So I saw all of these pictures of that volcano in Iceland nobody can pronounce the name of, so I figured I should go and do something that is not news footage but something more cinematic. But the flights to get over took forever as expected (somewhat). 4 days after leaving I finally made it, but the weather was terrible for another 4. Just before leaving it got pretty good for about a day and a half and this is what I managed to get.
Wish I had more time. I missed all the cool Lightning and the Lava of the first eruption. But I figure this will just be a trial run for another day.
I am of course accepting sponsors to send me back there for more please...!! haha
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This was filmed between 29th April and 10th May 2011 in the Arctic, on
the archipelago Lofoten in Norway.
My favorite natural phenomenon is one I do not even know the name of, even after talking to meteorologists and astrophysicists I am none the wiser.What I am talking about I have decided to call The Arctic Light and it is a natural phenomenon occurring 2-4 weeks before you can see the Midnight Sun.
The Sunset and Sunrise are connected in one magnificent show of color and light lasting from 8 to 12 hours. The sun is barely going below the horizon before coming up again. This is the most colorful light that I know, and the main reason I have been going up there for the last 4 years, at the exact
same time of year, to photograph. Based on previous experience, I knew this was going to be a very
difficult trip. Having lost a couple of cameras and some other equipment up there before, it was crucial to bring an extra set of everything. I also
made sure I had plenty of time in case something went wrong.
If you can imagine roping down mountain cliffs, or jumping around on slippery rocks covered in seaweed with 2 tripods, a rail, a controller,
camera, lenses, filters and rigging for 4-5 hour long sequences at a time, and then
having to calculate the rise and fall of the tides in order to capture the essence - it all proved bit of a challenge.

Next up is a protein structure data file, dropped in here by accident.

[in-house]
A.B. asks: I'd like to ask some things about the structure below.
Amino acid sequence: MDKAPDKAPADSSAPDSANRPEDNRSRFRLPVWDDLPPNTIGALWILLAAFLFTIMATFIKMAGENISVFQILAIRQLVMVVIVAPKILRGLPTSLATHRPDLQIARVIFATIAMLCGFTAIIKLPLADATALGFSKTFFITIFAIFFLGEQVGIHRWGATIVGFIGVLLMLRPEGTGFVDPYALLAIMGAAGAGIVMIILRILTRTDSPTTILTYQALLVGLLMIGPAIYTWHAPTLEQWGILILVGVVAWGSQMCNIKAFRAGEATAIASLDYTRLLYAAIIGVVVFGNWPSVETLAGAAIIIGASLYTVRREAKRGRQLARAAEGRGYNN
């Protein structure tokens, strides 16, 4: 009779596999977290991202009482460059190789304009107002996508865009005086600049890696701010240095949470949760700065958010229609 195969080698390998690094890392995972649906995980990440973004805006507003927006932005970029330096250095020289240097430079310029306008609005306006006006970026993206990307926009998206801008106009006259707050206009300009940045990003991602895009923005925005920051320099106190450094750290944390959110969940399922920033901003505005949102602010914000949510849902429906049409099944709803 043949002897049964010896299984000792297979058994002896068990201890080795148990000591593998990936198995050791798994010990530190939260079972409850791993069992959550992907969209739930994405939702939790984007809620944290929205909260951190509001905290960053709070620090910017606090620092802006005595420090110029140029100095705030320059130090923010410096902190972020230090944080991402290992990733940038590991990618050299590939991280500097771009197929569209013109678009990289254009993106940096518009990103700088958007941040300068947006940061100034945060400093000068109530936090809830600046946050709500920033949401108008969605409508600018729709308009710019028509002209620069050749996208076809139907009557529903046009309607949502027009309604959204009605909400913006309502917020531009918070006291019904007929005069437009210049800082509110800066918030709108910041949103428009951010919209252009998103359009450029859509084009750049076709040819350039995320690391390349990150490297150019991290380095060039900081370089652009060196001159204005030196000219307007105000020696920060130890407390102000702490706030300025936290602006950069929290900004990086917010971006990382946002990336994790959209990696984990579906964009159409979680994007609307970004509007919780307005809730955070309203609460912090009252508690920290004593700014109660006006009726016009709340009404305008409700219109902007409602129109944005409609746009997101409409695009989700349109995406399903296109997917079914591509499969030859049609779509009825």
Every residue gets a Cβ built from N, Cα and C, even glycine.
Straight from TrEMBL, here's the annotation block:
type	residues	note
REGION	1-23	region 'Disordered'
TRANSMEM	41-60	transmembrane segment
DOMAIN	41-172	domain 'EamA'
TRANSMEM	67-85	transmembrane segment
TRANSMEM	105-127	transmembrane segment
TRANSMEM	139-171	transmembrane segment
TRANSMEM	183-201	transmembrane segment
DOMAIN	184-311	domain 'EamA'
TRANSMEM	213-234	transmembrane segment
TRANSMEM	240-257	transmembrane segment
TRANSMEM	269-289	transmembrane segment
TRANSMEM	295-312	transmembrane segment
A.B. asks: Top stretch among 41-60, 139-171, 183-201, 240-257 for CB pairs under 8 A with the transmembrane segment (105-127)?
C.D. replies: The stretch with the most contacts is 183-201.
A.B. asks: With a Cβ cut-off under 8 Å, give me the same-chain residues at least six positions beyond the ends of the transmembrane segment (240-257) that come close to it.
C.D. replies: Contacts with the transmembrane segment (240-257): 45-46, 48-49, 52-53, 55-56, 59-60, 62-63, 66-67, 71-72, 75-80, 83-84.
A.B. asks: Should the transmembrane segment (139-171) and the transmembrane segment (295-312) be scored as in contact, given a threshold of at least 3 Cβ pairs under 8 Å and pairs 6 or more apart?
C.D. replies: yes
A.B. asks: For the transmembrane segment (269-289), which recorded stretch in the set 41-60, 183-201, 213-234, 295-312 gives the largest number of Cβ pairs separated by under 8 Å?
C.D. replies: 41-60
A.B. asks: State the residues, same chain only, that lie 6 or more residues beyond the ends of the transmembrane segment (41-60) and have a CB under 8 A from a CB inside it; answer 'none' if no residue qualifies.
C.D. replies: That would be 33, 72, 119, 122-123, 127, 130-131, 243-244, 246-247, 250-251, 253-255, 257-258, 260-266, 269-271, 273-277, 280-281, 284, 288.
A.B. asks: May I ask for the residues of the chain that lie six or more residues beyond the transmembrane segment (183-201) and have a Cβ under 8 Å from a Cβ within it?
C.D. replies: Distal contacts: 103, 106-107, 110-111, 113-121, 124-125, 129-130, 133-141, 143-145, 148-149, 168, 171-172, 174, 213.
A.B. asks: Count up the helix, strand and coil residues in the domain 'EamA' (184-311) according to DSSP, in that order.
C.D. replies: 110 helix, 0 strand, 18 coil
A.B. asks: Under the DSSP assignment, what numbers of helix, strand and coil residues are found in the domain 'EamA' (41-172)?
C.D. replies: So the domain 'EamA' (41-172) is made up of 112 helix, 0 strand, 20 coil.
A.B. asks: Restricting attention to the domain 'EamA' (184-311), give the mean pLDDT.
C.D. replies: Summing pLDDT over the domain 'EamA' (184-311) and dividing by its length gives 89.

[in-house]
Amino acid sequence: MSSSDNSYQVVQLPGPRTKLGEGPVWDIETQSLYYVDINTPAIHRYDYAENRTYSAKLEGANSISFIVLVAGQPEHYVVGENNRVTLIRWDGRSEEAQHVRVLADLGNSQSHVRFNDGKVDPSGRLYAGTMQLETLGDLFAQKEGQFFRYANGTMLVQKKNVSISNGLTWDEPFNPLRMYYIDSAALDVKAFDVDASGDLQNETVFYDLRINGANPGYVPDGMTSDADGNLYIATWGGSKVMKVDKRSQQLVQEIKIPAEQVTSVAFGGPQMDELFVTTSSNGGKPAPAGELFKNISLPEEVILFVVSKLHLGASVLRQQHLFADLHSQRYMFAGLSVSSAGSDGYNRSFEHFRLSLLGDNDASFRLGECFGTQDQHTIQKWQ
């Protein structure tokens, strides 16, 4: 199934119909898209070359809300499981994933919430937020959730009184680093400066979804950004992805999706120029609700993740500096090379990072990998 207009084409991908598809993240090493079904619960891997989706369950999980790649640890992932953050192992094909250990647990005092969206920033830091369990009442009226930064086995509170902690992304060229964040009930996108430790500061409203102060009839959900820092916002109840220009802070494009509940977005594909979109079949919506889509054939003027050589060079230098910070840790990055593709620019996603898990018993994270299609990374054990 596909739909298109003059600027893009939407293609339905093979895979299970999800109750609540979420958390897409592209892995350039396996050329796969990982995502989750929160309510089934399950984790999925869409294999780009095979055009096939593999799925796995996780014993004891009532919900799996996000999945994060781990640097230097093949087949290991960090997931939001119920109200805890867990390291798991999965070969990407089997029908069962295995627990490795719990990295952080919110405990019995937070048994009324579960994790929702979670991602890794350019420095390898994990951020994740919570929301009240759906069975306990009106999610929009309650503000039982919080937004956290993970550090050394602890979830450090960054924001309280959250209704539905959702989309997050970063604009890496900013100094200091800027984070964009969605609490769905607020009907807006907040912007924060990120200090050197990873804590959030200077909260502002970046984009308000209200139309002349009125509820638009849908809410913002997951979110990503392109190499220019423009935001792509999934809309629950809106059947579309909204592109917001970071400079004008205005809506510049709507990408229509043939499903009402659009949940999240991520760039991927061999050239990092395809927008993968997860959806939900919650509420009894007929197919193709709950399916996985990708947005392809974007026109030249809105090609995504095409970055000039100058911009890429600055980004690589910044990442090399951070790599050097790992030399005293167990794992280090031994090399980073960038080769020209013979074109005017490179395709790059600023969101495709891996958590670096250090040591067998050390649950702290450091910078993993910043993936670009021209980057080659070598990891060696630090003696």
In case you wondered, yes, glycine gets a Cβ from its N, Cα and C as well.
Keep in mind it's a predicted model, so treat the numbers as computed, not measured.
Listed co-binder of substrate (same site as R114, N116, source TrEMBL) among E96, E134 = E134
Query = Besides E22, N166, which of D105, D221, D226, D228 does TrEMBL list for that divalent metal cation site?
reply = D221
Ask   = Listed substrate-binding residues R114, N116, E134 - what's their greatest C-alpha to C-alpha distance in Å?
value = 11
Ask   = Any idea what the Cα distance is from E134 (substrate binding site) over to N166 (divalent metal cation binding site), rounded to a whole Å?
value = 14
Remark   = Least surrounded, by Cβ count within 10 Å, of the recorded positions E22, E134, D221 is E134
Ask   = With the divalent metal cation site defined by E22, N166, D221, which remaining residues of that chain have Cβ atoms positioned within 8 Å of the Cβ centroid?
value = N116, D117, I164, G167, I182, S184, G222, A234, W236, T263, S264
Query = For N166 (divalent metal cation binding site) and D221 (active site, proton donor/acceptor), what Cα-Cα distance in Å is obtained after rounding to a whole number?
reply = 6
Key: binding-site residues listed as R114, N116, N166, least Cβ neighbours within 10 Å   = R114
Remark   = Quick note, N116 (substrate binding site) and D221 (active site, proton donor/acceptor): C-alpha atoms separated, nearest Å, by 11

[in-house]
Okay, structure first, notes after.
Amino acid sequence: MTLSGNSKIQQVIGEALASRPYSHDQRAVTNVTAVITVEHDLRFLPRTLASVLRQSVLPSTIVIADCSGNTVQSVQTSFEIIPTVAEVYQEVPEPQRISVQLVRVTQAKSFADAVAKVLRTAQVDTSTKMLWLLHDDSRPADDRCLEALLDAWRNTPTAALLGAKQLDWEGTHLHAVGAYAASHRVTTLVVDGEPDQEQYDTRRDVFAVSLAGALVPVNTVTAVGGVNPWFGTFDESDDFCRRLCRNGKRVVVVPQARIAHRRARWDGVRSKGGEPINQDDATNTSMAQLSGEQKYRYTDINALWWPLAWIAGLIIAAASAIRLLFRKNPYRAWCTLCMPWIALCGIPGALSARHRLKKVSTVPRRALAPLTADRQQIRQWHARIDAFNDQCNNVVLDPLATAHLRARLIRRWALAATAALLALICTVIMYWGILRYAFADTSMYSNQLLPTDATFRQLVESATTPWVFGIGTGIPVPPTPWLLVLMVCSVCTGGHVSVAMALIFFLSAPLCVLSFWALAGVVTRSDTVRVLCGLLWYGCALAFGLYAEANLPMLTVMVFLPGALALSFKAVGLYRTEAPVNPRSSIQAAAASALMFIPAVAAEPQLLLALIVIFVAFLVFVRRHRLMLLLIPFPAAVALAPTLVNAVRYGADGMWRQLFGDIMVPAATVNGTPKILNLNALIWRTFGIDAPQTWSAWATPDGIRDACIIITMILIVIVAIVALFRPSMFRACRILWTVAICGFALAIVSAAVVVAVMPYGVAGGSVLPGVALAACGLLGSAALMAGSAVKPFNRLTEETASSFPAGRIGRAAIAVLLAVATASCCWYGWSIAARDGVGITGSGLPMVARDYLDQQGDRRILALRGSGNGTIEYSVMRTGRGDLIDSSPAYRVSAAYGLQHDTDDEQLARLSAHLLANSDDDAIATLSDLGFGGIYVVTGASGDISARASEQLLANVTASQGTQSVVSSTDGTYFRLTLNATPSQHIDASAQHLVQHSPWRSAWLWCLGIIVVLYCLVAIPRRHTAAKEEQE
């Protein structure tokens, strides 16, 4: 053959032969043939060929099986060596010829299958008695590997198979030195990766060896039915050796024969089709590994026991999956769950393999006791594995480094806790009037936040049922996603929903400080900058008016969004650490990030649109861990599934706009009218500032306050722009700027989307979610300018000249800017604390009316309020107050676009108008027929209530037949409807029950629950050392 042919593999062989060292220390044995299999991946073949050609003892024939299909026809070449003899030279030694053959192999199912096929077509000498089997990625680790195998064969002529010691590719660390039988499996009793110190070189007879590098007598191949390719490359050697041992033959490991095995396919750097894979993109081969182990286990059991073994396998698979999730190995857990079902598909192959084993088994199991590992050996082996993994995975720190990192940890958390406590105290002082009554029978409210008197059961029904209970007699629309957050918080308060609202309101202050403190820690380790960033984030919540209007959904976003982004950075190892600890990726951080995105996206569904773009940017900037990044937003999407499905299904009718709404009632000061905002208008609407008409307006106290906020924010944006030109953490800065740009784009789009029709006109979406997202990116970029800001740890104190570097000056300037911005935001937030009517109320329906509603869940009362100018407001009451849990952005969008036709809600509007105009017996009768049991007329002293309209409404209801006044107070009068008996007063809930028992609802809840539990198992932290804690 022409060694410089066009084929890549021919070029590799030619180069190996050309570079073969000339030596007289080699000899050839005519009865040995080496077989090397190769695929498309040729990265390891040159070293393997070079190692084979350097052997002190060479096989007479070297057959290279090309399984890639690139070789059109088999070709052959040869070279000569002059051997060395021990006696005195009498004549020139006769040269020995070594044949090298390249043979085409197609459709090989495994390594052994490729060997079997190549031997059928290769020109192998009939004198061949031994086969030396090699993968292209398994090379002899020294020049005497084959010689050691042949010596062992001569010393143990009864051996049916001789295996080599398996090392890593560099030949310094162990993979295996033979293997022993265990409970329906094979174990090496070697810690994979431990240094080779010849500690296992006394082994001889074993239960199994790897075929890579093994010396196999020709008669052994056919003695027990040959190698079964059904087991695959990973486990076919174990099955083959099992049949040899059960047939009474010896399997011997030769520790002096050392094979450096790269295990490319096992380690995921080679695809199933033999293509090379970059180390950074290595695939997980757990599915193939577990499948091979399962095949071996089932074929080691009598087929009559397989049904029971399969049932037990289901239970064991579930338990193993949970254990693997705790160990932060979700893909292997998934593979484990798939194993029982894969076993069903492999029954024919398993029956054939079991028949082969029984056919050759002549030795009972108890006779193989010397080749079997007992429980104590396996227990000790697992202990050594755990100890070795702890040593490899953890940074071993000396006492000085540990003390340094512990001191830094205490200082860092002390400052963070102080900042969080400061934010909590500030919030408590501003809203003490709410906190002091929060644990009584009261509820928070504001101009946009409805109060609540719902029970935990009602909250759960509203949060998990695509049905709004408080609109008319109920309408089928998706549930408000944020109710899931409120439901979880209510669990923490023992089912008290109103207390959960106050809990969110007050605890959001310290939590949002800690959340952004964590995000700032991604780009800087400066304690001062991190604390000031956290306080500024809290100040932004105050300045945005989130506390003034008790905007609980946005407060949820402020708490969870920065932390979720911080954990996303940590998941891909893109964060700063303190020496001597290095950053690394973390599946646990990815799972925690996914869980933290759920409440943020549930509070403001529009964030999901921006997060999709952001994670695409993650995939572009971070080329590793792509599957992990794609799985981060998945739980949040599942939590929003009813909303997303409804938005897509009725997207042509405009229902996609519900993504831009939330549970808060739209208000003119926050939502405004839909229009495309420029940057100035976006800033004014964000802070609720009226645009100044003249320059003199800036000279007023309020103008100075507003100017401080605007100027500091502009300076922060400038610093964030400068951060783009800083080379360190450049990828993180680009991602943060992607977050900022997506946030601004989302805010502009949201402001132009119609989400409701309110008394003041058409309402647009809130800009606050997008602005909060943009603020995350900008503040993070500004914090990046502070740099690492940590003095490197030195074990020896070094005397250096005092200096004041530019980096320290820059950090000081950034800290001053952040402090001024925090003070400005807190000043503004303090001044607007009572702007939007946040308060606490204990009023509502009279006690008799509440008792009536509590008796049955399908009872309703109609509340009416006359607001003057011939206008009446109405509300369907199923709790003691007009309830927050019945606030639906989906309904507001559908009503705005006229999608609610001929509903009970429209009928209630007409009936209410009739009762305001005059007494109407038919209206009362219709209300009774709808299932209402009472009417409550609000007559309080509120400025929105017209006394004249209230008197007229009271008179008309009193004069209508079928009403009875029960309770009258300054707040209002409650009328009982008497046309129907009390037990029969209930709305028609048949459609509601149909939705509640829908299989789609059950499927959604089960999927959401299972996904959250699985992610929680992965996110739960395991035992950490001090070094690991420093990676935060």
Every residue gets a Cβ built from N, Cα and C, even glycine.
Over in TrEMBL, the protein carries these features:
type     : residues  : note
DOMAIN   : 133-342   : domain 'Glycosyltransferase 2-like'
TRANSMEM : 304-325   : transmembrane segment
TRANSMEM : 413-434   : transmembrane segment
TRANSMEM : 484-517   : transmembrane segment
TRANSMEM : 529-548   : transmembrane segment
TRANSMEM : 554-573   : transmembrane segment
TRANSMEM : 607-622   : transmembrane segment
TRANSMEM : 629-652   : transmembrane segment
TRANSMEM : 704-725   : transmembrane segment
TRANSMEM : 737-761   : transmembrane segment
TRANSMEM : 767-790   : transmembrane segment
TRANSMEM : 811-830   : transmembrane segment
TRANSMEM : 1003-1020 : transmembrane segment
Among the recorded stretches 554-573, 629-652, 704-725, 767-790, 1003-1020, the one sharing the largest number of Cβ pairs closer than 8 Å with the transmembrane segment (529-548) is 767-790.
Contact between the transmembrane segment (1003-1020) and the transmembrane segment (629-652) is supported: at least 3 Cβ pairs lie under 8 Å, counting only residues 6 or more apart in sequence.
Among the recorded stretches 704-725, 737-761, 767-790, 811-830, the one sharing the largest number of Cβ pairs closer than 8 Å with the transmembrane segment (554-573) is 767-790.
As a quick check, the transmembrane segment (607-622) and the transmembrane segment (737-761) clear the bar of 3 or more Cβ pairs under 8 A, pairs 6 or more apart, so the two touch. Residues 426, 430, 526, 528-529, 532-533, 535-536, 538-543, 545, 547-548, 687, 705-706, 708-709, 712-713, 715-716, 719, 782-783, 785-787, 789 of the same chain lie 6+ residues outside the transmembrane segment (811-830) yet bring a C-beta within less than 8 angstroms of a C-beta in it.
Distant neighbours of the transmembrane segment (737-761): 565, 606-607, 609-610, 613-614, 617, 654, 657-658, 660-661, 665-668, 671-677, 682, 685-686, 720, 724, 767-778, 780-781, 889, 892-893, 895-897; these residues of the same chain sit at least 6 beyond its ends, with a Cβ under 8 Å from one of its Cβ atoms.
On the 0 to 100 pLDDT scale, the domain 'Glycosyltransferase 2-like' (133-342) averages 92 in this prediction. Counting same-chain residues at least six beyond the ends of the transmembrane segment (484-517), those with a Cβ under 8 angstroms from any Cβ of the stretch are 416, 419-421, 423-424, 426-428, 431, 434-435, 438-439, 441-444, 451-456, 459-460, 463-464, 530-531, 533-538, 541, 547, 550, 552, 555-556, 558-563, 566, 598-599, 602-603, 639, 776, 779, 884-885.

And almost as if planned, the trip would turn out to become very
difficult indeed. I had numerous setbacks including: airline lost my
luggage, struggling to swim ashore after falling into the Arctic sea: twice, breaking lenses, filters, tripod, computer, losing the whole dolly rig and controller into the sea, and even falling off a rather tall rock and ending
up in the hospital. As much as I wanted to give up, the best way Out is
always “Through”. I am glad I stuck it through though because there were some amazing sunrises waiting. At 1:06 you see a single scene from day to night to day which is from 9pm to 7am. Think about that for a minute.. 10 hours with light like that.
I asked the very talented Marika Takeuchi to specifically compose and
perform a song for this movie, and what she came up with is absolutely remarkable. Thank you very much Marika!
The life of a mariner is one given over to wanderlust—the quest for adventure, crossing unseen horizons to secure precious goods—only to bring them back to their home port. This same love of adventure and curiosity defines the brotherhood of Rick and Michael Mast. They share a fiercely independent spirit, leaping into the unknown and trusting that they’ll find the answer through endurance and dedication to their craft.
They began their voyage in their apartment, using a homemade machine to process cacao beans. Over time they cultivated their creation, sourcing beans from family farms in Madagascar, Venezuela, the Dominican Republic, and Ecuador. Each bar is handmade with incredible reverence for the process and history of chocolate. They are bound in ornamental papers and golden foil like a collection of rare books. Each bar offers its own story of flavors, and no two are exactly alike.
The Mast Brothers are now planning to navigate the mighty Atlantic, sailing to the Dominican Republic in search of beans and a deeper connection with the folks who grow them. Before they begin the next chapter, The Scout spent time with Rick and Michael documenting their story.
Now, I'm in Tokyo. I was struck by strong earthquake when I was preparing for the final check. Many friends around the world worried about my safety. I was so touched. My family, me and Tokyo are OK. But the people of disaster area are in deep sorrow still now. Not only that, they spend their days worrying about aftershocks, tsunami and nuclear reactor problem. I want to support the people through every means I can. And, I hope that they resume peaceful everyday life as soon as possible.
We have received warm support from all over the world. Thank you so much from the bottom of my heart.